Tuesday 22 Jul
 
 

Manmade Objects - Monuments

No one wants to be forgotten; everyone wants some sort of legacy, a mark they leave behind as they exit this life for whatever lies beyond.

And for as long as there has been death, there have been monuments — whether austere or understated, abstract or concrete, prominent or tucked away in private — erected by the ones they loved to assure that remembrance, at least for a time.
07/15/2014 | Comments 0

Admirals - Amidst the Blue

Sometimes it helps to not be very good.

Some of the best albums and artists were born out of happy accidents owed to varying degrees of early suckage — the perfect note or chord for a song found by missing the one you are aiming for, failed mimicry of an idol bearing something entirely new and great instead.

07/09/2014 | Comments 0

Kierston White - Don't Write Love Songs

The Tequila Songbirds have become just as beloved as about any group around these parts. And how could they not?

Featuring a revolving cast of the Sooner State’s most badass female performers, it’s a power hour of some of the best songwriting coming out of central Oklahoma. Sure, they might not technically be family, but they are clearly a band of sisters all the same, bonded by the same brand of whiskey running through their veins.

07/01/2014 | Comments 0

Depth & Current - Dysrhythmia

"Overproduced" is a term thrown around all too indiscreetly nowadays, usually applied when the thing that sticks out about a song or album is how it sounds rather than how it is constructed. Yet some of the most compelling albums ever crafted embodied a certain aesthetic that was just as skillfully and meticulously put together as any Bob Dylan or Miles Davis record — which is to say production is as crucial to our enjoyment of music as much as anything else; it's also the most overlooked.
06/24/2014 | Comments 0

Weak Knees - “IceBevo”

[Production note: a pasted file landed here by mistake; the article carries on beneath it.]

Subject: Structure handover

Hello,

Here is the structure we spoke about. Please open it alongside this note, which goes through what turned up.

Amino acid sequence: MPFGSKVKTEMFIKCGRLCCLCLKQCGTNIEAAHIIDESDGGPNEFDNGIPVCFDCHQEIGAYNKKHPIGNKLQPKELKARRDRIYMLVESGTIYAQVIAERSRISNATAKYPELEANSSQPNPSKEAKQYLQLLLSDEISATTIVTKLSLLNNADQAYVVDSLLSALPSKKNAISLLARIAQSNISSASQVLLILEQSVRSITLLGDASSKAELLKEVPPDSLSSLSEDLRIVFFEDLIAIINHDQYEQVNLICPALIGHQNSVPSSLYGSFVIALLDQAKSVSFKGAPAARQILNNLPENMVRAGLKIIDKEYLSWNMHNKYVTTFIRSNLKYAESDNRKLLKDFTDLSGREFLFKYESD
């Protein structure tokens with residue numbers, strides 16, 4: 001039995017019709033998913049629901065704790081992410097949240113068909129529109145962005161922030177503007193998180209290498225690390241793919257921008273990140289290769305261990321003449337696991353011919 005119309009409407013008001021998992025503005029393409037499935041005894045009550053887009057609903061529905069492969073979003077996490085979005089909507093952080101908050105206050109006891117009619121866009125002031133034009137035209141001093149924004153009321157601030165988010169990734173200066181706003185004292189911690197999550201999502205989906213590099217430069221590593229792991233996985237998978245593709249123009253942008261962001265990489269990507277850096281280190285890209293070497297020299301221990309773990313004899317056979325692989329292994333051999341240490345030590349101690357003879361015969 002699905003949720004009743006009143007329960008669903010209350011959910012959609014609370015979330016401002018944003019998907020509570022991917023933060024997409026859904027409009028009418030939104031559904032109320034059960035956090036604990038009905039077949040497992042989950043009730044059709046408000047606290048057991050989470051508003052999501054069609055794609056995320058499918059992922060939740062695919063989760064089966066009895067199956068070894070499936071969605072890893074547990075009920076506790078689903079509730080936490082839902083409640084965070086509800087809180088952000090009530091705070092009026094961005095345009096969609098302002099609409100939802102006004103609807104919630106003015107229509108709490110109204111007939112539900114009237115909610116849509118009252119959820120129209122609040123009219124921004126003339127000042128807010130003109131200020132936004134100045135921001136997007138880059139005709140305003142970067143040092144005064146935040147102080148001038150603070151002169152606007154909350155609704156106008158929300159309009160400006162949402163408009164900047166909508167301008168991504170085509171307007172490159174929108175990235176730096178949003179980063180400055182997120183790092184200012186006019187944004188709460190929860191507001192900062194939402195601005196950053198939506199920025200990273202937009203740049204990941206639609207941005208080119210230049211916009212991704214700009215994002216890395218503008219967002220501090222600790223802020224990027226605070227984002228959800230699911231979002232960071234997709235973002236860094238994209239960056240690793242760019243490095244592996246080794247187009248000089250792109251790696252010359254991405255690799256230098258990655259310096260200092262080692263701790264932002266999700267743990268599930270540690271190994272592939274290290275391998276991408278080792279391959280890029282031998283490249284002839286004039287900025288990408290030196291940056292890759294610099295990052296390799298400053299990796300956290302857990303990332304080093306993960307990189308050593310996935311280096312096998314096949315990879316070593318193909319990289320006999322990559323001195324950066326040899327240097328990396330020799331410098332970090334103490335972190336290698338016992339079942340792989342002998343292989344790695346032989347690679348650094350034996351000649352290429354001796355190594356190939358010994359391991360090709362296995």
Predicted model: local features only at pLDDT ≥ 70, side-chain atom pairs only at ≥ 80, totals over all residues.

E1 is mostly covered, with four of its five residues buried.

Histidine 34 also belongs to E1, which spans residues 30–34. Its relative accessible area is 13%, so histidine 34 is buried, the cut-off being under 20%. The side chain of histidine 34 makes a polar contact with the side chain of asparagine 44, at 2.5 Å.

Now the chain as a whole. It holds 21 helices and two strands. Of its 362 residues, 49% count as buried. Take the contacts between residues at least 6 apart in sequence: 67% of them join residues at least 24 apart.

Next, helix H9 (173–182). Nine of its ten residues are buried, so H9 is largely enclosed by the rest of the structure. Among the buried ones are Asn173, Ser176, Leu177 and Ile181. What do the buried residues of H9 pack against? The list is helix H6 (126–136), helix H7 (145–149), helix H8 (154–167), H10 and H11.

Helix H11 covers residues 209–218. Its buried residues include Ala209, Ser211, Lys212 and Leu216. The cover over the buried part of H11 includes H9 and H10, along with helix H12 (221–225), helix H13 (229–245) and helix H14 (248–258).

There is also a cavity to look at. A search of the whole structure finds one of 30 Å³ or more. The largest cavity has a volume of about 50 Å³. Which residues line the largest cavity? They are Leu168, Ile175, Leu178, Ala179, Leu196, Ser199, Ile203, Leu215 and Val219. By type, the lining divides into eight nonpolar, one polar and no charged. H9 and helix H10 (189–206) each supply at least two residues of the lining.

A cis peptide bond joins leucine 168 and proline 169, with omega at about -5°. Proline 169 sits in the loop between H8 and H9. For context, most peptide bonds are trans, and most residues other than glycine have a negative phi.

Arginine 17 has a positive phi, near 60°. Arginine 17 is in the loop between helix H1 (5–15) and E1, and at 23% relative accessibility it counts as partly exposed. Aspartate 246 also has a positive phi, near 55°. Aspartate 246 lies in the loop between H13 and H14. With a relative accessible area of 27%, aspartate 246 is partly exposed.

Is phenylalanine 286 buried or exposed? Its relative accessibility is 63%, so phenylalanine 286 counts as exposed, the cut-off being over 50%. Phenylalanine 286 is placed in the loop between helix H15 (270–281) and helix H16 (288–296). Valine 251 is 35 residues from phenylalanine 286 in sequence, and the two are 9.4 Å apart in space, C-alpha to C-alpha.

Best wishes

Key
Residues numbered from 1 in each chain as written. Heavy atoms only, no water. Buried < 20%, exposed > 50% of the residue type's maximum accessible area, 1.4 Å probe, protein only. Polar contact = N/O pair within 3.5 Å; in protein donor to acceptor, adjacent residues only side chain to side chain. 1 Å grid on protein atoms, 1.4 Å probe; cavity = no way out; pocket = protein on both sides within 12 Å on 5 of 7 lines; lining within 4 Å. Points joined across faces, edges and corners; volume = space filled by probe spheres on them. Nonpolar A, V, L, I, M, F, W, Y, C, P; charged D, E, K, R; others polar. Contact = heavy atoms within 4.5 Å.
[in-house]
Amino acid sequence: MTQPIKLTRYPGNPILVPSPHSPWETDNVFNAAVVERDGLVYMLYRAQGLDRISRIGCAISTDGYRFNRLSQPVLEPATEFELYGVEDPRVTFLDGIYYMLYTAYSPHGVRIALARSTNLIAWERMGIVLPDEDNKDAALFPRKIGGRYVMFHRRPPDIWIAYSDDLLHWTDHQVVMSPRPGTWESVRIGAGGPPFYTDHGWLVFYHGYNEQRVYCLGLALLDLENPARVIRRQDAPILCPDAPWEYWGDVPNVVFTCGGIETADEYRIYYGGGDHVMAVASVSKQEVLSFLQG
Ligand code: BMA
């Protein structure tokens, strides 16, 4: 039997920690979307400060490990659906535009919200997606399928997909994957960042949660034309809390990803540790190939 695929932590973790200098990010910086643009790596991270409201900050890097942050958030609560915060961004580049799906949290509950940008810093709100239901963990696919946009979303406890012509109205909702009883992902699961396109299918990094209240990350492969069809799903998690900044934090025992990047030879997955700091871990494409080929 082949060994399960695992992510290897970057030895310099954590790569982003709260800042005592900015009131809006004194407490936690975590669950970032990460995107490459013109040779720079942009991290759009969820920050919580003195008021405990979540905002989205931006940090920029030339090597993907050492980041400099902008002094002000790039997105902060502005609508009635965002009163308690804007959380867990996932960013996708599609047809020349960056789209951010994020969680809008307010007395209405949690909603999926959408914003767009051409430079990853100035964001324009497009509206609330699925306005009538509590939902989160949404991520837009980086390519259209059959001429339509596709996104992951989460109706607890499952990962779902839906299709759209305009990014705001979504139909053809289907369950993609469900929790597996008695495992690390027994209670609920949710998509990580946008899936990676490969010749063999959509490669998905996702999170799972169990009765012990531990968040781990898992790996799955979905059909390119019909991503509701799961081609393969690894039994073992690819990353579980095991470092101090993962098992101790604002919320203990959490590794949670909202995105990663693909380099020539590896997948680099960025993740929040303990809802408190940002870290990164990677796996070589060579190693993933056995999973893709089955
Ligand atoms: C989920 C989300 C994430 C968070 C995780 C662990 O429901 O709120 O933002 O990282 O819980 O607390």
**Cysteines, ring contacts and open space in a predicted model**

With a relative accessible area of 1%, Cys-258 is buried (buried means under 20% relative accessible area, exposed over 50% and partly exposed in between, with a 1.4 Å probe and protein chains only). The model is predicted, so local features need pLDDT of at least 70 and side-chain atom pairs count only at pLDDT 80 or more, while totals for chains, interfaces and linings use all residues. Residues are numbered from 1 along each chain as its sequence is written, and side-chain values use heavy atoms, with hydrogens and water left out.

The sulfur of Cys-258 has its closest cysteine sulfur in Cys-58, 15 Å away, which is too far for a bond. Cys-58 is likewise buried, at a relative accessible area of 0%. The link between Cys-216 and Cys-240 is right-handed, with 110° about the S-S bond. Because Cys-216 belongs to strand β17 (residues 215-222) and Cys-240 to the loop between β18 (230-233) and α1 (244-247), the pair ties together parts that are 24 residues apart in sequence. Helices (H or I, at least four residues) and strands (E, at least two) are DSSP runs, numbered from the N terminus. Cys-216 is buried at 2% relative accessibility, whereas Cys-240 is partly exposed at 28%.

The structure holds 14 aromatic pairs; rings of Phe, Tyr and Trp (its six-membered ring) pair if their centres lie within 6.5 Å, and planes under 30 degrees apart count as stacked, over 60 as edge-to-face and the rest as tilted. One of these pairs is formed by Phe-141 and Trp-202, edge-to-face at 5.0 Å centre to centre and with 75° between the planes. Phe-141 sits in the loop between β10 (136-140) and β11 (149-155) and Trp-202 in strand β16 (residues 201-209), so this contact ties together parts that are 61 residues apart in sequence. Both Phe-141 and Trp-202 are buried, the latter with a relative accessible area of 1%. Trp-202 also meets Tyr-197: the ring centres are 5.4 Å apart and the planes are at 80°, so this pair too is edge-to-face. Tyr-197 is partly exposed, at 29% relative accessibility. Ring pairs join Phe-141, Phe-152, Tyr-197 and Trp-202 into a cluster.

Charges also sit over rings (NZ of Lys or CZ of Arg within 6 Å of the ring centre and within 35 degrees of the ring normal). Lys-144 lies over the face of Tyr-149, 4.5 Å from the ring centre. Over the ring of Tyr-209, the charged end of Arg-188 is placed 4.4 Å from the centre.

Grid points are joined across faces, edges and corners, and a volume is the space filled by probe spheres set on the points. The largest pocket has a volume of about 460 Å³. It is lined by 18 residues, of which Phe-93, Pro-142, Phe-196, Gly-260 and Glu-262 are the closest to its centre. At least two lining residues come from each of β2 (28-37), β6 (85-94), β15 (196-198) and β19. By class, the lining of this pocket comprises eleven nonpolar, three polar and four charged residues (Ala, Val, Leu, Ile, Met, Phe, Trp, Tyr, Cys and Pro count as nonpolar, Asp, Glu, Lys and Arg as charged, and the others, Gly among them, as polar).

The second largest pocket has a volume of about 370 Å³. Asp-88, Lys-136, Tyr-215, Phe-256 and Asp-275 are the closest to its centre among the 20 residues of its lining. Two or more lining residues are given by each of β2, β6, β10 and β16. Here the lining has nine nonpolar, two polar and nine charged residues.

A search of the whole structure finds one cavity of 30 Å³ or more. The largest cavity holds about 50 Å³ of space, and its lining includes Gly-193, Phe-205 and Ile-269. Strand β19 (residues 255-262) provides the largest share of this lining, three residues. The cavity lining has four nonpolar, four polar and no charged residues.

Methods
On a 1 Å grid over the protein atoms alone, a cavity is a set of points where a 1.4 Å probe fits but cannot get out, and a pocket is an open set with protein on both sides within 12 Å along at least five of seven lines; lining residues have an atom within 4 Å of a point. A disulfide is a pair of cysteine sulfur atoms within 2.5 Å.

Indie rock has been in a good place as of late. Not caring about being cool is the new cool, and a couple of dudes on guitar, bass and drums can make catchy, earworm songs without being armed to the gills with computer software and vintage synthesizers.
06/17/2014 | Comments 0
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Music
 

Tower of cower


Of the Tower, the metro’s most adventurous post-punk act, builds a show aimed to blow minds and alienate the weak at heart.

Charles Martin October 19th, 2011

Of The Tower with Kill The Reflection and The Secret Post
8 p.m. Saturday
VZD’S Restaurant & Club
4200 N. Western
vzds.com
524-4203
$5

Crowds swelled at the OKC Farmers Public Market, waiting to enter the 2010 Carnality Ball when a handful of Bible-thumping protesters with bullhorns set up shop across the street. Hellfire-and-brimstone Scripture was volleyed at scantily clad women and drag queens, but members of the avant-garde band Of the Tower stormed out in costume, banging drums and shouting back with a bullhorn they’d borrowed.

After an hour of having their evangelizing answered with improvised poetry and music, the protest ended, leaving the revelers to their “sin.”

“It came out of thin air so quickly because we had a natural tendency to do those things, to pull public pranks,” said drummer Todd Plunkett. “That was the point that solidified what we wanted Of  the Tower to become: a kind of spontaneous, improvisational, performance-artist band. That was more fulfilling for us than the show we did.”

In the year and a half since, Of the Tower has explored evocative and shocking performance art to enhance its music’s impact. Front man David Goad decided it was time to take the concept to its full potential for Saturday’s “Halloween spectacle” at VZD’s.

If we play for 50 people, 48 scratch their heads.
—Todd Plunkett


“I want the catharsis of the music represented by the expression and the choreography,” said Goad of his fourth-wall-breaking plans. “It’s right there in front of you rather than just a band onstage. There’s a mixture of fear and anticipation that I’d like to instill in the audience.”

He admitted a danger of alienating audience members, but felt it was time to distinguish Of the Tower as not just another dark-wave act.

“We’ve even talked about doing things that are more happenings,” Plunkett said, mentioning a junkyard show that might include “blowing up a car or something. Things like that are never going to get you on MTV, and if we play for 50 people, we might have 48 scratching their heads. But then there are those two people coming out of the audience to tell us they were waiting for this forever.”

Although the group may appeal to a niche market, Goad said it’s important for people to see someone in town doing this sort of thing.

“In Oklahoma, people get stuck in this routine,” he said. “They do their 9-to-5, they come home and have kids, go to LifeChurch and get bored. They start experimenting with what’s around them, whether drugs or swinging. There is not a lot here that speaks to that despair ... but it’s an important part of Oklahoma culture.”

Photo by Doug Schwarz

 
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